The Role of Expressive Versus Instrumental Preferences in U.S. Attitudes Toward Taxation and Redistribution

Source: Kirk J. Stark, University of California, Los Angeles (UCLA) – School of Law, Law-Econ Research Paper No. 15-18, 2015
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From the abstract:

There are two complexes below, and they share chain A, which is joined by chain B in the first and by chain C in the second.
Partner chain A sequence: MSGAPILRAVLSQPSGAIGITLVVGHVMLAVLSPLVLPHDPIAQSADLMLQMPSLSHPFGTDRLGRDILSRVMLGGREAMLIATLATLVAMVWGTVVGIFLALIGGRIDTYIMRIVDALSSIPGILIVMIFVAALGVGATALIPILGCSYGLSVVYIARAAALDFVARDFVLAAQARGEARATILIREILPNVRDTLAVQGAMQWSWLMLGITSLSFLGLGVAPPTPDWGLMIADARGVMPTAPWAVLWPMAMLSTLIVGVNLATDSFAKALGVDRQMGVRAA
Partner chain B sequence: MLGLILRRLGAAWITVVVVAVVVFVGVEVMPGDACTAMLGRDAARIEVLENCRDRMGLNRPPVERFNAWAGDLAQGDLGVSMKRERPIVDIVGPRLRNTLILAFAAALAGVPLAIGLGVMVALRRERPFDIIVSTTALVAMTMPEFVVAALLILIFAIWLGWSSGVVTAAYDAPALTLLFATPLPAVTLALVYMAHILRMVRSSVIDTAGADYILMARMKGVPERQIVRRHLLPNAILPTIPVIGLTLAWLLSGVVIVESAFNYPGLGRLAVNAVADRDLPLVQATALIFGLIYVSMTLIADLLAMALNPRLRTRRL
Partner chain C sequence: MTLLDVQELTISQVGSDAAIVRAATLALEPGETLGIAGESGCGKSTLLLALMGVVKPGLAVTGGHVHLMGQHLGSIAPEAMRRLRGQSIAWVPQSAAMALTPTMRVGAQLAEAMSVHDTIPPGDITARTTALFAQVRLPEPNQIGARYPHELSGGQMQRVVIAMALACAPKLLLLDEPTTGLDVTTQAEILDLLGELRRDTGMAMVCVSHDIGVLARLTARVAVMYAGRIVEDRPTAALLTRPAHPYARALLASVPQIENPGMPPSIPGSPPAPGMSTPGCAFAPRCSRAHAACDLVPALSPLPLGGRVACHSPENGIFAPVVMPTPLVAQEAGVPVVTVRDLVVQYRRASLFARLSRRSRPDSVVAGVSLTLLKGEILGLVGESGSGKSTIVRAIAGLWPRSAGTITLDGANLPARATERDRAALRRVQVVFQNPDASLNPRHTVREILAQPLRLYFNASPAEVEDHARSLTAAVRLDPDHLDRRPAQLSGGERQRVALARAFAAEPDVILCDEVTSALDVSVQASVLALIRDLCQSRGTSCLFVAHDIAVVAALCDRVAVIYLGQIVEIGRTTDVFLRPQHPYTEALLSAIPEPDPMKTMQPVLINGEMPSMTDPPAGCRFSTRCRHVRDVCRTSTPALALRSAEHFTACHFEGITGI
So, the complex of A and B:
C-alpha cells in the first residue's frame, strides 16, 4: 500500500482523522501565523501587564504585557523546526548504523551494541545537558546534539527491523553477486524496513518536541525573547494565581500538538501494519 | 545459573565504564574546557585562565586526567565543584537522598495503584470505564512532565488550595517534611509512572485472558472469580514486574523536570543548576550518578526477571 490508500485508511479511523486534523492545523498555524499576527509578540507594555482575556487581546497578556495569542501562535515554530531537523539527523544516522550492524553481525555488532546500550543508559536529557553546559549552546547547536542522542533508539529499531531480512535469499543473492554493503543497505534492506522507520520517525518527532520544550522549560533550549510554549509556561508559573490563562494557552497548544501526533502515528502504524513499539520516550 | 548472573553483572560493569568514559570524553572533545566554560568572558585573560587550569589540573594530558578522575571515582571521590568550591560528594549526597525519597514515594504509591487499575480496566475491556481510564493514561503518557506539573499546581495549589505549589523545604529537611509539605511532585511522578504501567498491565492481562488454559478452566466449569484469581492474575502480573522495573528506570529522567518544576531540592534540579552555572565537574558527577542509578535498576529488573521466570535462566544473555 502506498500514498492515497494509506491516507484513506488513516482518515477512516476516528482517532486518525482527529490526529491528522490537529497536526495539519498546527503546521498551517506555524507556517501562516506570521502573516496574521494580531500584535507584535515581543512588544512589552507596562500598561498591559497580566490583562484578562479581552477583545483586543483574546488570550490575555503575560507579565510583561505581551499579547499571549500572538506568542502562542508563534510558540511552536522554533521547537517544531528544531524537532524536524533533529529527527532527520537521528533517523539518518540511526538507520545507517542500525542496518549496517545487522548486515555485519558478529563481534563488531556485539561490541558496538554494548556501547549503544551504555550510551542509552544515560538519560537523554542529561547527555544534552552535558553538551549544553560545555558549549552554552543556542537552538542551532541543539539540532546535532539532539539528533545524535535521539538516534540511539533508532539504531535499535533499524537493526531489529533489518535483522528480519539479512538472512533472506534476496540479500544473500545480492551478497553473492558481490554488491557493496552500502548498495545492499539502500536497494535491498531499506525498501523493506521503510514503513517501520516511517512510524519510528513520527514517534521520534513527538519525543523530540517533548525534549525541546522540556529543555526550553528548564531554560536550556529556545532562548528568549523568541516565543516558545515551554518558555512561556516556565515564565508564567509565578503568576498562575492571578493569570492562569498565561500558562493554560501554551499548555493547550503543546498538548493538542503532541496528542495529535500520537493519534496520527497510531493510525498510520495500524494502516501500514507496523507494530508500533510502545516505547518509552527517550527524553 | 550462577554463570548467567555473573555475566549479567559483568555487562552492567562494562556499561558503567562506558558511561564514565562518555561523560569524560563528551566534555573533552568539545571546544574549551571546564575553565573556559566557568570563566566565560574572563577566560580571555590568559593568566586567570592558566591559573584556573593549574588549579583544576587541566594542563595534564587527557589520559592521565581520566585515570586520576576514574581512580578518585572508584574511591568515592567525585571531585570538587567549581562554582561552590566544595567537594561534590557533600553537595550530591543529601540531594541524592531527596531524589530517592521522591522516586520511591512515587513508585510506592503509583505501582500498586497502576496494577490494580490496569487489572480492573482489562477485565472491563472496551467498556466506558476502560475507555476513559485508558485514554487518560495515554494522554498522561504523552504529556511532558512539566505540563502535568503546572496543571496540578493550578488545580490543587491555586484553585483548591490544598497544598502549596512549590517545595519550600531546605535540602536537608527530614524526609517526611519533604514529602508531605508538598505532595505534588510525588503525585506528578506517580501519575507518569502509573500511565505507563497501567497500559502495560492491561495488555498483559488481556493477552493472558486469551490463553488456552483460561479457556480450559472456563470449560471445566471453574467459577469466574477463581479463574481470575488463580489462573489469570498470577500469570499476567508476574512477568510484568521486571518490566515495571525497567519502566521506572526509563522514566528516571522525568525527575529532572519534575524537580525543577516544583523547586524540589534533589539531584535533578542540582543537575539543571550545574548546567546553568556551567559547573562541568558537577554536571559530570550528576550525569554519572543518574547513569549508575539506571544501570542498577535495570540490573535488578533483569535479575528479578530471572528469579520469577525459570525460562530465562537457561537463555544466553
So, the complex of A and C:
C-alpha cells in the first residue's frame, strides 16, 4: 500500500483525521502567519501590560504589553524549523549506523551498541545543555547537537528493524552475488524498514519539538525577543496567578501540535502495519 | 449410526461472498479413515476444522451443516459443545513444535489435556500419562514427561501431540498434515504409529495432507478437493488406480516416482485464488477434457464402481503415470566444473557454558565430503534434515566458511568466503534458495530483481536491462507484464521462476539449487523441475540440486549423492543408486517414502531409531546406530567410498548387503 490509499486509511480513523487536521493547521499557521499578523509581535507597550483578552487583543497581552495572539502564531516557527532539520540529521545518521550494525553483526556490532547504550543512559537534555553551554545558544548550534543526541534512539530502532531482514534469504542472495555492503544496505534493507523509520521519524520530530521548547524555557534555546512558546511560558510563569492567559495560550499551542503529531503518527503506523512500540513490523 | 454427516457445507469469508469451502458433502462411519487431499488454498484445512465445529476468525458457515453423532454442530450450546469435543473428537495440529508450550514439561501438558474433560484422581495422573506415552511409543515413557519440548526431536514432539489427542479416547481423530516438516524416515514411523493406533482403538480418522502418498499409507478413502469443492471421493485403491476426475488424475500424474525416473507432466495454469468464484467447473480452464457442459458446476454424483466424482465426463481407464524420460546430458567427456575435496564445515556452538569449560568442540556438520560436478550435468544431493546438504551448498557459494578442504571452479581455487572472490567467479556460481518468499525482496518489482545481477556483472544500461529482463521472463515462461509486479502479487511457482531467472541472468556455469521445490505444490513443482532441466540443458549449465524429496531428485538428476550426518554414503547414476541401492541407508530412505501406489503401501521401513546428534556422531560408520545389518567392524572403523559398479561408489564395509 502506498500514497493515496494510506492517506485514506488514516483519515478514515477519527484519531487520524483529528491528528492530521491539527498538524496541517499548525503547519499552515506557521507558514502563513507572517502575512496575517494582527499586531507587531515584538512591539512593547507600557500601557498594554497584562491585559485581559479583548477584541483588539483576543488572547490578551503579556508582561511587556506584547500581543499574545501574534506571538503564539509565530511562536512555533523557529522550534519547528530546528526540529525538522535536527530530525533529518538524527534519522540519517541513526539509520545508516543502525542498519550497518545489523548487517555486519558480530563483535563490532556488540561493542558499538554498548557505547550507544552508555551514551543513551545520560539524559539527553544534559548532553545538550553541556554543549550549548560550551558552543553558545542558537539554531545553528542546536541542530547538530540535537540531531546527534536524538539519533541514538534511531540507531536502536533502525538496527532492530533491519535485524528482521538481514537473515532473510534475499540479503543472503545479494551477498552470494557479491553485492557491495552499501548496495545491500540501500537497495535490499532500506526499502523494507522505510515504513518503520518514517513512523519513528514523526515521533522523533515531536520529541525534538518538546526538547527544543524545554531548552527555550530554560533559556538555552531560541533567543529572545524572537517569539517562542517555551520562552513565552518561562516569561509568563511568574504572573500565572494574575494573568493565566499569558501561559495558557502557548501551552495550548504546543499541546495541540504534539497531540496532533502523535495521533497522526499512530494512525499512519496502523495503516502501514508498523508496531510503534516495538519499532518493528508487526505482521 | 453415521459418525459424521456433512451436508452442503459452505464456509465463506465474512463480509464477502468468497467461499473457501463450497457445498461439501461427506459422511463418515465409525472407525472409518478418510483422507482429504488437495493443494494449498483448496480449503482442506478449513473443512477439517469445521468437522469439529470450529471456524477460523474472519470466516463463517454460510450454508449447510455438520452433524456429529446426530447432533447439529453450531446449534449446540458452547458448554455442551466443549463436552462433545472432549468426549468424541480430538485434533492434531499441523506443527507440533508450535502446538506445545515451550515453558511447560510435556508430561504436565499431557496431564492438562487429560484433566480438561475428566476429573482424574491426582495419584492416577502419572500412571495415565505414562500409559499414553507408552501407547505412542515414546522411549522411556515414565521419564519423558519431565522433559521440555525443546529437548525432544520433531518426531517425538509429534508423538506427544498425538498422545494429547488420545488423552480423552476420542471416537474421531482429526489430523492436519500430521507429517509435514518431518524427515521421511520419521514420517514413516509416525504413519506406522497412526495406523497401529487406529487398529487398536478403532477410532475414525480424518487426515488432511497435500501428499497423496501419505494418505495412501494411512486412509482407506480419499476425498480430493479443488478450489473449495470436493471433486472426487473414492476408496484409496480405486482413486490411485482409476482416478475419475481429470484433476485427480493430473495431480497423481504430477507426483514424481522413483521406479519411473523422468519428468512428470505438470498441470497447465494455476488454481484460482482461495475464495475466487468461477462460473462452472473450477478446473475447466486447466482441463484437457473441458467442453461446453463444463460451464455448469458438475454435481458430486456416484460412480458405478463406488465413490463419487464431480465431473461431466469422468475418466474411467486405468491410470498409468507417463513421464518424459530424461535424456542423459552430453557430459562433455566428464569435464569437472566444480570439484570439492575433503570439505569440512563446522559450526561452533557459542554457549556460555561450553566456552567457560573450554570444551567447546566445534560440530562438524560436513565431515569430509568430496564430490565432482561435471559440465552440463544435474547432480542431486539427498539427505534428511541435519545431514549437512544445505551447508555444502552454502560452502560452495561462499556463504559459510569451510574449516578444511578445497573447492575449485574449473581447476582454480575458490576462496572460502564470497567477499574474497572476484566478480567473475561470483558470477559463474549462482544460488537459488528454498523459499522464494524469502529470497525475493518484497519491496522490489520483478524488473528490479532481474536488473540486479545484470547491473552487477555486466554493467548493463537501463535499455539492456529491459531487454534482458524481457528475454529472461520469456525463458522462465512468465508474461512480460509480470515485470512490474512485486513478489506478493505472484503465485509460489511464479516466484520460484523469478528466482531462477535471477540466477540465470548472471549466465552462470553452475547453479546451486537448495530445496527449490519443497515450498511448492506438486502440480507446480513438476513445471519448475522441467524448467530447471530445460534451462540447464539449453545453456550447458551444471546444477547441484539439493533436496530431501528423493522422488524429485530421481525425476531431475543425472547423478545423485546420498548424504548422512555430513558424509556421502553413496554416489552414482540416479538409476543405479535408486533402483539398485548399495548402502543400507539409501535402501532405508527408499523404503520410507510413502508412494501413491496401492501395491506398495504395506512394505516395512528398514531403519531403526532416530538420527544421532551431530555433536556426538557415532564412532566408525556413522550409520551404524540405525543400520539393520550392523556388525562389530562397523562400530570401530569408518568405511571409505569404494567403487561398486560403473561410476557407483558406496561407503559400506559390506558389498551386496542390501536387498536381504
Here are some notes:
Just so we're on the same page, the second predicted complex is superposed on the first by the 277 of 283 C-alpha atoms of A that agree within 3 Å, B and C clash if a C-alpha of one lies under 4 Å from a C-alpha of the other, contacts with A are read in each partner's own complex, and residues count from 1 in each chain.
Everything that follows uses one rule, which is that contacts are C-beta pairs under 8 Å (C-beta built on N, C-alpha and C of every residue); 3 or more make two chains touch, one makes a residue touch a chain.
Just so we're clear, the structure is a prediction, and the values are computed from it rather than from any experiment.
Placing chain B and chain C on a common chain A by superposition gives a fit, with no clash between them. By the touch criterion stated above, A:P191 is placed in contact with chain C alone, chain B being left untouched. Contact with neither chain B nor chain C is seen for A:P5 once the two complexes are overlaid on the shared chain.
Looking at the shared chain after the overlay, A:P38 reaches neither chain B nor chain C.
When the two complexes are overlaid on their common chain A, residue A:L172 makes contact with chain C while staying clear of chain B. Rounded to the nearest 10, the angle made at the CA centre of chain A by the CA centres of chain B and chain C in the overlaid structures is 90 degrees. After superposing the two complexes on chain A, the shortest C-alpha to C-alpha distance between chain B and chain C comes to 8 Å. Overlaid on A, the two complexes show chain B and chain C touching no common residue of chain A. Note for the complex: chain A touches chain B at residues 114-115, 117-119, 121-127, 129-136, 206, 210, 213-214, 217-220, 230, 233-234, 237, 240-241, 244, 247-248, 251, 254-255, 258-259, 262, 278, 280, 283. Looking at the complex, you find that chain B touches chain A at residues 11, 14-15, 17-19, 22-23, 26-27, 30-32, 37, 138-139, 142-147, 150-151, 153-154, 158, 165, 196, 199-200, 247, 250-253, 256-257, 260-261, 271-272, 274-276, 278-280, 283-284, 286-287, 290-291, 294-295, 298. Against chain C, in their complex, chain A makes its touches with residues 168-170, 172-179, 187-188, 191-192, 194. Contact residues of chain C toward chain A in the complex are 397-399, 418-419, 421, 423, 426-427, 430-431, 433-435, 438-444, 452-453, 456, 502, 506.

Polling data suggest that Americans are concerned about rising economic inequality, yet the same polls reveal popular opposition to redistributive tax policies that would help mitigate inequality. Numerous commentators have drawn attention to this paradox, attempting to explain why voters would support policies contrary to their pecuniary interests. In this article, Professor Kirk Stark connects the debate over U.S. tax attitudes with research on the role of expressive preferences in electoral choice. An expressive account of political behavior emphasizes the low likelihood that any one voter’s views will influence policy outcomes and thus locates her cost-benefit calculus in the expression itself rather than its effect on policy outcomes. Expressive considerations include the reputational consequences of taking sides in popular debates, especially as those consequences bear on the voter’s effort to portray herself to the people that matter in her life — her family, friends, co-workers, and most of all, herself. The author explains how an expressive account resolves the supposed “paradox” of popular opposition to redistributive tax policies and discusses the implications of this view for U.S. tax politics.